On Leave, Hurricane Center's Director Is in the Eye of the Storm
Stormy weather is usually outside the National Hurricane Center in Miami. But it's inside the center for this year's hurricane season.
The center's director, Bill Proenza, was sent away "on leave" Monday after six months on the job. He was squeezed out from the top, by unhappy bosses in Washington, and from the bottom, by 23 employees who led a mutiny.
The bureaucratic cyclone that swept through the National Hurricane Center serves as a powerful reminder of how senior government executives can end up being treated as outsiders by their staffs, especially when they are raising difficult issues involving science and budgets.
How the hurricane center, one of the government's premier agencies, collapsed into infighting probably won't be fully known until an assessment team sent by the National Oceanic and Atmospheric Administration, which oversees the center, turns in a report this month.
Proenza, 62, was the first director who had not been promoted from within the center or the hurricane research labs. But he had worked more than 35 years at the National Weather Service, most recently as director of the southern region, the part of the country where most hurricanes roar ashore. He also started his career in the mid-1960s at the hurricane center in tropical meteorology.
Hugh Willoughby, a professor at Florida International University and a former hurricane research director at NOAA, describes the National Hurricane Center as "a wonderful organization" and "also a kind of clubby organization with its own way of doing things."
It operates through "a collegial management style" where employees speak up and take charge of issues in their areas of expertise, Willoughby said. Still, he added, "an organization ought to be able to handle having an outsider come in."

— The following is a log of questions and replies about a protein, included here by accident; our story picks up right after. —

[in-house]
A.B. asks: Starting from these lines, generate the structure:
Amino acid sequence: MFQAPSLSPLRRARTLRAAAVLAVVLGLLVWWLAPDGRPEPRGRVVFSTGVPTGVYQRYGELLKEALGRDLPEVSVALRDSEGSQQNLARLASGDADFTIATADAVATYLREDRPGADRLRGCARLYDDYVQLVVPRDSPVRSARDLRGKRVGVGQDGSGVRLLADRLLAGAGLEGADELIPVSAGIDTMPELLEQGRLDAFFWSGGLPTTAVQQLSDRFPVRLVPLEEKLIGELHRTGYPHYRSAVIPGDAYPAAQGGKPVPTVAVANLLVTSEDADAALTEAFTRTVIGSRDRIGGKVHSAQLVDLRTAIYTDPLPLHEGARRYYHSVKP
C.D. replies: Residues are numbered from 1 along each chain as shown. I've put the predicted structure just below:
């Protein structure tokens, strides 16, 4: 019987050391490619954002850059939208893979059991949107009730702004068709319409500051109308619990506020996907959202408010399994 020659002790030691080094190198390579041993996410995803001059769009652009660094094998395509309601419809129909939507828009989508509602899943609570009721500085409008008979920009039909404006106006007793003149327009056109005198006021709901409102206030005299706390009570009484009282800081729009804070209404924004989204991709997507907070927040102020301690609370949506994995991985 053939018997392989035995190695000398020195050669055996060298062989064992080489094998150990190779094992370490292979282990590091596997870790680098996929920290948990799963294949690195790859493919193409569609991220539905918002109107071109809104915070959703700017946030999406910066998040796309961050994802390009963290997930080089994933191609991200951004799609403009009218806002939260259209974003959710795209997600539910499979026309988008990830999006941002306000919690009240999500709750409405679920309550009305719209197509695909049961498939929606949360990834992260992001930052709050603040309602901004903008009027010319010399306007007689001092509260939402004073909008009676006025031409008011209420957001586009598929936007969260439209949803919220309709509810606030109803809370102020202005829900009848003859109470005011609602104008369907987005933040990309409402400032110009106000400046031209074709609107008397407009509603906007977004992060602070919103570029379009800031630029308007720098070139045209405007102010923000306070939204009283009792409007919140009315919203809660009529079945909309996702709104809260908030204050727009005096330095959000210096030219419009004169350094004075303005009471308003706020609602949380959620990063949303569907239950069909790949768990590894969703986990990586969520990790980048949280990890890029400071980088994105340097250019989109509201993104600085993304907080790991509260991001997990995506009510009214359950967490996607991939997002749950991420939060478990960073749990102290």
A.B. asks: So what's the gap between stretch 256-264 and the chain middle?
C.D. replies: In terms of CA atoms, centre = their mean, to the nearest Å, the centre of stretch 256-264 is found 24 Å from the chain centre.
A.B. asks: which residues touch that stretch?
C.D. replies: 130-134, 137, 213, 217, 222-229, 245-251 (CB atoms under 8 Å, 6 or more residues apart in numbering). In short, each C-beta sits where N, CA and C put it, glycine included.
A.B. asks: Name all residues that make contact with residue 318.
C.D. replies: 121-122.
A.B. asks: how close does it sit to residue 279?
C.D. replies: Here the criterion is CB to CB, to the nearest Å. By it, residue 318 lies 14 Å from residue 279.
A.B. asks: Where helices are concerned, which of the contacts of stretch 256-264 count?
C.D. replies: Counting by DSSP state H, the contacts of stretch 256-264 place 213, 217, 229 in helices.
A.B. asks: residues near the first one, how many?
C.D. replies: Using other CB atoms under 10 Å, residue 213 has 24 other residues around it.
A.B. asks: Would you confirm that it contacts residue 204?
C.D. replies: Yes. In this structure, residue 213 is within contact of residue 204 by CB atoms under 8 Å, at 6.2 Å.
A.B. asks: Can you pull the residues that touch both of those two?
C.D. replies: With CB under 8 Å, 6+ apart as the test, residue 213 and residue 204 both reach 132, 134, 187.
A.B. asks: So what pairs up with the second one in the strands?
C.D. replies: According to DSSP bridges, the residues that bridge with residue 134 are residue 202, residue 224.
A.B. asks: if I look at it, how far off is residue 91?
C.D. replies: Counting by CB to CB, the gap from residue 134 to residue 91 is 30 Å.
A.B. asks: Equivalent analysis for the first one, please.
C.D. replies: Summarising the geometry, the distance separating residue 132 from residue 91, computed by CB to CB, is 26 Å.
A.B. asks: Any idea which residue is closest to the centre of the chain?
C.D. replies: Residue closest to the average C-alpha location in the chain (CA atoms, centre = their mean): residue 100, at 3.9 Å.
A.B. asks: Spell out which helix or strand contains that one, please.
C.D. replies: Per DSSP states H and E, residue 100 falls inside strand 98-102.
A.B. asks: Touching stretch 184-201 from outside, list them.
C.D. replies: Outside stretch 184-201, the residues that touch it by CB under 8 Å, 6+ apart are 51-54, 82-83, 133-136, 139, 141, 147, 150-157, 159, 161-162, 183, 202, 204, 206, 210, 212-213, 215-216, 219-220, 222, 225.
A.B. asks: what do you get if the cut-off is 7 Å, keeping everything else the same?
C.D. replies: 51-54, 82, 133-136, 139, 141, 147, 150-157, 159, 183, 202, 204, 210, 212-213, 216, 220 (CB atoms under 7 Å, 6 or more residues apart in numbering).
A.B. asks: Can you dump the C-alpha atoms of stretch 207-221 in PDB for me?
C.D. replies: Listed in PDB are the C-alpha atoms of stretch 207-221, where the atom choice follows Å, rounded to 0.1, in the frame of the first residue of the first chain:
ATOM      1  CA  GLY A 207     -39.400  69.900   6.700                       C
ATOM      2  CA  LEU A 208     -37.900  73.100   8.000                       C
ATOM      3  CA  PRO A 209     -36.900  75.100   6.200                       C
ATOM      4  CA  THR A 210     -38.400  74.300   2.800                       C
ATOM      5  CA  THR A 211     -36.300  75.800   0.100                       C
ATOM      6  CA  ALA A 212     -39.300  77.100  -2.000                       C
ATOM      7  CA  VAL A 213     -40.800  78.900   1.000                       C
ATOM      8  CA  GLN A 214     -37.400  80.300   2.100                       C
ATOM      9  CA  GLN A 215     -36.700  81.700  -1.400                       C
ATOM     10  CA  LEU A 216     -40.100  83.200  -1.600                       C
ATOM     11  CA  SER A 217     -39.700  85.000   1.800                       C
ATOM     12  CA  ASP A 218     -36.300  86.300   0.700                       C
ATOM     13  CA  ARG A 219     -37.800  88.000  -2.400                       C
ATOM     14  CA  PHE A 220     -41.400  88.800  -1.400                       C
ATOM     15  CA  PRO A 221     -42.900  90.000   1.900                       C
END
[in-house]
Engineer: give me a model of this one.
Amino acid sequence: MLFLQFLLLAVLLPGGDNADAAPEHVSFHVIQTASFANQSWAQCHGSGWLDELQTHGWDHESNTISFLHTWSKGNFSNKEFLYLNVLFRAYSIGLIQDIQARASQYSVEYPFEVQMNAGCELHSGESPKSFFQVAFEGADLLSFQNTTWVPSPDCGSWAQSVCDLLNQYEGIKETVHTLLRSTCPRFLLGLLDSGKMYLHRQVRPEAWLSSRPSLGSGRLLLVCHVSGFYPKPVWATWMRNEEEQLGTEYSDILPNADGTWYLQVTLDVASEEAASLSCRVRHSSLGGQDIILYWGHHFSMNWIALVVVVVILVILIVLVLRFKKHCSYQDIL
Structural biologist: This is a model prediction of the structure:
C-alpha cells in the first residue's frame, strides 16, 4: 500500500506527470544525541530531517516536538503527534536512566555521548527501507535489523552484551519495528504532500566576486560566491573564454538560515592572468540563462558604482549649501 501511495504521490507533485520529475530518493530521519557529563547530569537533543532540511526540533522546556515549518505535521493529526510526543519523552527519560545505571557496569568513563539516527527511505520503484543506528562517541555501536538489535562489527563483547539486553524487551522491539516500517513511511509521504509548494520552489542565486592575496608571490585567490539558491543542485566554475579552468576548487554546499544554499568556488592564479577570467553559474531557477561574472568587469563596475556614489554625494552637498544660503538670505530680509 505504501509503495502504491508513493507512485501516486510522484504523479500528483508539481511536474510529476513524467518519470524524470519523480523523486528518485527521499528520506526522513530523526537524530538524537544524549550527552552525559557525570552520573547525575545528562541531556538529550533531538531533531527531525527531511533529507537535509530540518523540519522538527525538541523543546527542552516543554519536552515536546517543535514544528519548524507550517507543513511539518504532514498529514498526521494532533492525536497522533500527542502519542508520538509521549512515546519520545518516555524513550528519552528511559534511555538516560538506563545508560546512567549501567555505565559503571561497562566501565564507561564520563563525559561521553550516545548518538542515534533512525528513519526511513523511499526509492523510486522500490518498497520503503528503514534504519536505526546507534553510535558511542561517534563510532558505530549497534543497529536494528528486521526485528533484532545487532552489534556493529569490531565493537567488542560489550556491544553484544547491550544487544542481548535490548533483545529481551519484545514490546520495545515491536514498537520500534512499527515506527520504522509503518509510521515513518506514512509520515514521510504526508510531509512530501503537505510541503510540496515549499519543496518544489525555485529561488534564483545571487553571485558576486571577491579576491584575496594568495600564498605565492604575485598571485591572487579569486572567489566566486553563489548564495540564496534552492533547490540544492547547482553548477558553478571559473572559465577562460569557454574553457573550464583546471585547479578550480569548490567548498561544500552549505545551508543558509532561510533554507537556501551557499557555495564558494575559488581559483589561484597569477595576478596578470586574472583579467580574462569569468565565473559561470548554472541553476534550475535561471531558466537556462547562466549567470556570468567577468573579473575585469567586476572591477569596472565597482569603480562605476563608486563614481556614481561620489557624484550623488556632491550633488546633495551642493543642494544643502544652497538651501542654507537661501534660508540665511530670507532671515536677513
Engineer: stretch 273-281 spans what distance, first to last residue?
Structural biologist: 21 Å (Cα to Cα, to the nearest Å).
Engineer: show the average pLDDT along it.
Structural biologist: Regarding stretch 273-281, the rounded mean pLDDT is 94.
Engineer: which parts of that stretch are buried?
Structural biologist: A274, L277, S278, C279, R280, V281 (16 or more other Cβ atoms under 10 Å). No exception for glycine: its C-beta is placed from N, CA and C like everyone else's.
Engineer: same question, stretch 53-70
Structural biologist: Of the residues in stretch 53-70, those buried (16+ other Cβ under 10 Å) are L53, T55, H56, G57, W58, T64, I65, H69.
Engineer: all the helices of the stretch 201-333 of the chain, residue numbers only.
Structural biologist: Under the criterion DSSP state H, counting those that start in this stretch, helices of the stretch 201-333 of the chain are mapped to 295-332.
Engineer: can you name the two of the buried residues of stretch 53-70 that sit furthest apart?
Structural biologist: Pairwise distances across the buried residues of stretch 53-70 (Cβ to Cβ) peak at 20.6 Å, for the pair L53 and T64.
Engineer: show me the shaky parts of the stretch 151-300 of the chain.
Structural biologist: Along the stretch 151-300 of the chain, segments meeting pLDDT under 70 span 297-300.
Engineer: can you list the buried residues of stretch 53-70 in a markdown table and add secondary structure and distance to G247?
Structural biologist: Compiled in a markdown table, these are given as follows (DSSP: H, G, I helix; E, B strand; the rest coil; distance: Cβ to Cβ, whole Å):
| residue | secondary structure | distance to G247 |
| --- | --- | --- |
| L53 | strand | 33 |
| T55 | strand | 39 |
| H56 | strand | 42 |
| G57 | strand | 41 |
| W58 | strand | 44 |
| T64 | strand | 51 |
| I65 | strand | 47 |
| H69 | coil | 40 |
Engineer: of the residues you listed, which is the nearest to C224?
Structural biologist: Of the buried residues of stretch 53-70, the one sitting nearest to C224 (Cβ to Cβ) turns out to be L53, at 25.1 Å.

The heart of the dispute involves Proenza's criticism of his NOAA superiors for moving slowly on the replacement of an aging weather satellite and for spending money to celebrate the 200th anniversary of Thomas Jefferson's coastal survey. He also questioned research funding priorities.
Proenza suggested that the satellite's demise would increase errors in hurricane tracking forecasts, a view that brought disagreement from hurricane center scientists and concerns that he would talk about such an issue in public.
On Thursday, some of the center's senior hurricane specialists, including Lixion Avila, James Franklin, and Richard Pasch, and other center staff members issued a statement asserting that "the effective functioning of the National Hurricane Center is at stake" and called for a new director.
Anson Franklin, the NOAA spokesman, said an effort is underway to figure out how best to replace the satellite. He noted that funding for the celebration was not taken from weather or hurricane budgets and that research priorities had been established by a National Weather Service panel before Proenza became director.
But many experts do not think the NOAA has done a good job of managing satellite programs and other resources, and some hurricane center scientists are worried that Congress may step in and dictate or modify funding priorities.
Proenza said yesterday that the NOAA has asked him to keep "a low profile" while on leave but stressed that his comments and efforts were aimed at improving hurricane forecasts. He said he awaits the findings of an assessment team sent into the center by the NOAA administrator, Conrad C. Lautenbacher Jr.
The NOAA has selected Edward N. Rappaport, the center's deputy director, as acting director. As the deputy director since 2000, he has coordinated the center's daily work and budget and overseen the work of hurricane specialists.
Some members of Congress have expressed concern about the turmoil at the hurricane center and the plans to replace the weather satellite, which has stayed in operation longer than expected. "The administration needs to fix this mess, and fix it now," Sen. Bill Nelson (D-Fla.) said.
Senate Panel Approves Raise
Federal employees would receive a 3.5 percent pay raise next year under a spending bill approved yesterday by the Senate Appropriations financial services and general government subcommittee.
The House version of the bill also includes the raise, and the House and Senate are backing a 3.5 percent raise for military personnel, too. The White House had recommended a 3 percent raise for both groups next year.